There is so much research that causes me to worry about the impact of technology on our children’s brains. In keeping with last week’s newsletter on sleep, this week I want to provide you with information to help you understand the link between sleep deprivation and the use of technology. Some nights, even after a busy-full-of-life-kind-of-day, do you find yourself wide awake staring at the ceiling, frustrated at why you cannot seem to connect your busy brain with your exhausted body? It’s the worst! I have come to understand that often the reason is that I went directly from my laptop to my pillow without allowing the opportunity for my brain to begin to quiet down, a necessity for quality sleep. I imagine this frustration, while tough for adults is even harder for children.
We know that engaging in technology before bed impacts our brains in different ways. First, whenever we use technology, we are either taking in or creating content and therefore, chemicals in our brain will stimulate its ‘wake centers’, making it harder to fall asleep. Furthermore, engaging in ”social media will signal the adrenal glands to secrete adrenaline and the stress hormone, cortisol,” says Beatrice Tauber Prior, PsyD, a clinical psychologist. We experience a “rush” when we are engaged in the experience of texting or Facebook. At school, we listen to our tweens and teens (especially our girls) who are so hungry for their peers to acknowledge them and respond to them on social media. I call it the curse of Instagram! I agree with Tauber who says, “The last thing you want your child to experience is a surge in adrenaline and cortisol when they are trying to fall asleep.”
A less obvious sleep interrupter is the bright light that our children’s devices emit. Exposure to these light emissions before bedtime can increase alertness. Consequently, the light from a device at night can also disrupt our child’s naturally occurring circadian (or daily) rhythms by suppressing the release of the hormone melatonin, which is critical for maintaining and regulating the sleep-wake cycles. I truly thought allowing my child screen time before bed would help him calm down and be ready for sleep. In fact, the impact was just the opposite!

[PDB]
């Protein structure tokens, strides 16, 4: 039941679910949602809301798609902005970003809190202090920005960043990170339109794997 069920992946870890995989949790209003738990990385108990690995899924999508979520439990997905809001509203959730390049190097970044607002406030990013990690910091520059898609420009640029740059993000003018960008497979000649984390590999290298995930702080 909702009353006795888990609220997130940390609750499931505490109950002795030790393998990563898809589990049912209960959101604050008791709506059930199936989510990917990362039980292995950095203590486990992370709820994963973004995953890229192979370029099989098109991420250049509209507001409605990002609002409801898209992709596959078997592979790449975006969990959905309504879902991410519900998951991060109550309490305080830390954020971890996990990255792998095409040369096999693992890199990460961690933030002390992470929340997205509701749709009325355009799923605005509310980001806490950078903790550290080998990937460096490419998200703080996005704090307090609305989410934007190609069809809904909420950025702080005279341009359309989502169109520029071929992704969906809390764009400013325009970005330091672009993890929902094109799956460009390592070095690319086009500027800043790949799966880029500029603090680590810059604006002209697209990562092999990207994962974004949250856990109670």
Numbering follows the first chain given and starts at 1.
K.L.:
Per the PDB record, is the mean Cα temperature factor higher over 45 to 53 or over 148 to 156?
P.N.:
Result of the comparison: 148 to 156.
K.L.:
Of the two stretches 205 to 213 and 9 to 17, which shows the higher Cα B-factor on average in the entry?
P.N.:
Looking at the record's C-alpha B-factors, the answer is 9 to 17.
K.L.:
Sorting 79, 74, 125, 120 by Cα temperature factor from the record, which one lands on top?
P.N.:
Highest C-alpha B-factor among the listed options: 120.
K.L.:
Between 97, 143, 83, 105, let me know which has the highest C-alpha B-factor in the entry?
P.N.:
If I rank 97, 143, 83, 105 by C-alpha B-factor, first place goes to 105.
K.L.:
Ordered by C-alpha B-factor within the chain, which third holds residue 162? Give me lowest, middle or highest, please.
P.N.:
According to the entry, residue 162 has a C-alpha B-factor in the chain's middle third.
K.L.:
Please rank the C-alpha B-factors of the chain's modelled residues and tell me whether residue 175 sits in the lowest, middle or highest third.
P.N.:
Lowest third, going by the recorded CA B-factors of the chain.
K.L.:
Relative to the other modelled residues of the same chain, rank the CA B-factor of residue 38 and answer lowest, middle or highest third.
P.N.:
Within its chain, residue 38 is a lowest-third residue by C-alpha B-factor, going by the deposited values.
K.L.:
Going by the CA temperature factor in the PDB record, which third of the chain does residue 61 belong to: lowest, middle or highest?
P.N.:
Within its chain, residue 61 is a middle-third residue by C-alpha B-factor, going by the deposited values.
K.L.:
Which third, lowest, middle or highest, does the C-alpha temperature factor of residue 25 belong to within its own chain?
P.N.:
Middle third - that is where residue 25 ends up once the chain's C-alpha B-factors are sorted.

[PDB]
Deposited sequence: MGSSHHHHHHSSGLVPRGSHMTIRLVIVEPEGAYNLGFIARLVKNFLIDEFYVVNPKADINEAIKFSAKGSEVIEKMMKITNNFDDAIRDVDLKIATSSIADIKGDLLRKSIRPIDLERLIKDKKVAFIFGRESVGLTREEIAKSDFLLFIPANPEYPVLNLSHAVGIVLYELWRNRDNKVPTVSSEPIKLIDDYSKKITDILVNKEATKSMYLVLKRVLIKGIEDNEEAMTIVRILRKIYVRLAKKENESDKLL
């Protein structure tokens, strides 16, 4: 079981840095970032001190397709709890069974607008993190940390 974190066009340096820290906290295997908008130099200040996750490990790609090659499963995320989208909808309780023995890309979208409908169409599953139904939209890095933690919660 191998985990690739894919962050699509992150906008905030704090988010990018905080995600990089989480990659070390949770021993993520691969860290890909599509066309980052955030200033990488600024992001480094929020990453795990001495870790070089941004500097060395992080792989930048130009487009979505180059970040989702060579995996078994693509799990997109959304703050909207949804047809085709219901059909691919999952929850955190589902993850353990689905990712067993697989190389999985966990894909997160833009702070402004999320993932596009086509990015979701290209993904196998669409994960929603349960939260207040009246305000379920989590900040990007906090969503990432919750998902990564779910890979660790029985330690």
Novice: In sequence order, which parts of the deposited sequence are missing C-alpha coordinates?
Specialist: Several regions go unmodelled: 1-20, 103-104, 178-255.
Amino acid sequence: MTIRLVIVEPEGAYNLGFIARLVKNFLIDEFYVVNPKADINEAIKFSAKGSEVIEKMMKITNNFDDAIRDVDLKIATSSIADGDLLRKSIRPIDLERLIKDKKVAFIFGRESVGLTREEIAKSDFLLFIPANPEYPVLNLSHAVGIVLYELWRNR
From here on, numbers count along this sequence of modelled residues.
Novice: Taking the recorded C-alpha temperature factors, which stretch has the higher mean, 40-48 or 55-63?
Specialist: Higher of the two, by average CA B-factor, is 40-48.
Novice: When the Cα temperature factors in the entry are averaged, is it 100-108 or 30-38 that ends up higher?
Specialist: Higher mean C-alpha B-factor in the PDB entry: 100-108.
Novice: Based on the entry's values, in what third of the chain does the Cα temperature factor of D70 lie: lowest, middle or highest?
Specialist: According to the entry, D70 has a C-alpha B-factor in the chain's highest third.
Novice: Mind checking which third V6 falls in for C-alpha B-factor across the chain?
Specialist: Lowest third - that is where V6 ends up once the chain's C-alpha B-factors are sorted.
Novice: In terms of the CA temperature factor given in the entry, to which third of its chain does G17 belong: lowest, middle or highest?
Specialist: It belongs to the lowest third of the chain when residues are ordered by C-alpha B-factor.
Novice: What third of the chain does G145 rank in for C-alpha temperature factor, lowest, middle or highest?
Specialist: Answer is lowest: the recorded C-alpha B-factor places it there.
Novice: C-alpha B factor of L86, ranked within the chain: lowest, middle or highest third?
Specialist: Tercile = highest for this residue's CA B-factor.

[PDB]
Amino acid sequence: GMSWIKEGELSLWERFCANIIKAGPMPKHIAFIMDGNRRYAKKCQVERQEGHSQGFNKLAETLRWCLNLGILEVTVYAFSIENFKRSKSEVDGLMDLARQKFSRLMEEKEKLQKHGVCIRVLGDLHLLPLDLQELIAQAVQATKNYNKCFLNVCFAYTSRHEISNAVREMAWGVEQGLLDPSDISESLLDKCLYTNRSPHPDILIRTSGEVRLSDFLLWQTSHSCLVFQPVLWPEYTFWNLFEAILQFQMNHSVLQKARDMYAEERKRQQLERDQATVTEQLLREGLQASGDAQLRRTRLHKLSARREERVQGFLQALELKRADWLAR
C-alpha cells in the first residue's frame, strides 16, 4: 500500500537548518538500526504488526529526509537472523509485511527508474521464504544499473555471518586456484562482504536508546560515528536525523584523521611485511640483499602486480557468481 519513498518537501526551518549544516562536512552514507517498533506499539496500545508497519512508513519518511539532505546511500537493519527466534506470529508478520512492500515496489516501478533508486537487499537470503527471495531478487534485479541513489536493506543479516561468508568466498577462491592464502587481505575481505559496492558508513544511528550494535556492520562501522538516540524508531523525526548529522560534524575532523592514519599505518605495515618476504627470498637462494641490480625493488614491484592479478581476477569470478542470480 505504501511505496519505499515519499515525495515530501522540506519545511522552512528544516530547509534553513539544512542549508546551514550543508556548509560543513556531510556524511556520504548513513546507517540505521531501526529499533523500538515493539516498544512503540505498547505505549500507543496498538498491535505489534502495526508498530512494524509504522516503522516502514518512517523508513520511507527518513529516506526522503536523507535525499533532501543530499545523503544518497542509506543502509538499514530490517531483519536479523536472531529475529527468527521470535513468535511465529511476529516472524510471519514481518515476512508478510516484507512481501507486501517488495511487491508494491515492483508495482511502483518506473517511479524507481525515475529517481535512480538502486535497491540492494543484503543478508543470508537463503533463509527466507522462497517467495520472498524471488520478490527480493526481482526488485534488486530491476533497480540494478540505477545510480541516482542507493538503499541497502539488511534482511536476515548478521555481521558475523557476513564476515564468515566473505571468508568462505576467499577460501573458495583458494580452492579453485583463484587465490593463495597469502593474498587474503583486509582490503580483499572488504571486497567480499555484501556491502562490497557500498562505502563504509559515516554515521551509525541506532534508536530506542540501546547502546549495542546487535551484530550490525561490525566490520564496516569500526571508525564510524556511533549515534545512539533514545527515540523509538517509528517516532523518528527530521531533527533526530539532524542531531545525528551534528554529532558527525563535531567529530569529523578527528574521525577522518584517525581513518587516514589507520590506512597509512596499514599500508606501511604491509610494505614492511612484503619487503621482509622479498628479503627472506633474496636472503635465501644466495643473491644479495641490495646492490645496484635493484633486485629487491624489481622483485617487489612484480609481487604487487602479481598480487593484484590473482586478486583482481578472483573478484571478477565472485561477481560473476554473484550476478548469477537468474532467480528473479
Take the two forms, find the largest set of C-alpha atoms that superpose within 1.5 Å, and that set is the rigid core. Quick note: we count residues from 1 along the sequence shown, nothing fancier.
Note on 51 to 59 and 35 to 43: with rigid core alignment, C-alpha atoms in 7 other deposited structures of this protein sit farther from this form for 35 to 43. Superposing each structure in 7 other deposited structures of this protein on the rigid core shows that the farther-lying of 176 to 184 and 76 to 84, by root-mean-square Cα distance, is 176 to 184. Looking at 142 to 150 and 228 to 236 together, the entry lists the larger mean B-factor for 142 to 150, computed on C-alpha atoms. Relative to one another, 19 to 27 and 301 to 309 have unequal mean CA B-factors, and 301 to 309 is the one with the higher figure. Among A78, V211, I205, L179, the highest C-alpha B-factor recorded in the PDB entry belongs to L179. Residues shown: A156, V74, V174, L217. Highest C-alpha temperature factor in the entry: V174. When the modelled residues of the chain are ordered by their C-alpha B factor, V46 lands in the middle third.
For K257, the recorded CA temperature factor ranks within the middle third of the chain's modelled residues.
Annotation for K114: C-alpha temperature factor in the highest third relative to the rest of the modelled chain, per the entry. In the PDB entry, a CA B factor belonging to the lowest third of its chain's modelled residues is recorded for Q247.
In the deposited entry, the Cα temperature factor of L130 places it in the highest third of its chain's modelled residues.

With the technological demands of COVID, many children have computers, televisions, gaming systems, and their phones in their rooms at night. Children with impulsivity challenges are REALLY tempted by the draw of technology. And it is cool for 13-year-old to play video games late into the night (despite their teachers telling them it isn’t good for them). Choosing sleep over technology for an early adolescent is tough. I strongly recommend you help your children by removing the temptation.
In our house, we have a “tech bunk bed” ( a charging station) in our kitchen. All of our technology ranging from Chromebooks to the DS (especially when our girls were younger) needed to be “put to bed” before our kids took their nightly shower. It allowed a quick and easy visual for my husband and me to ensure our kids were able to sleep and to be safe. If your child has a system or a desktop computer and you can’t take it all out of the room, just take the most essential parts (i.e, power cord, remote control, keyboards, etc.) and put them in your bedroom.
As my girls aged, the tech bunk bed became less appealing. But the need to regulate what they were doing became more imperative! They wanted their phones next to them. In my experience as “the meanest mom in the world” and as Head of School, no positive communication from kid to kid happens in the wee hours of the morning. Working to help our children learn to establish a healthy relationship with sleep and establish boundaries with technology will serve them well.
Wishing you a peaceful night’s sleep!
Meg Bamford is Head of the Radcliffe Creek School in Chestertown.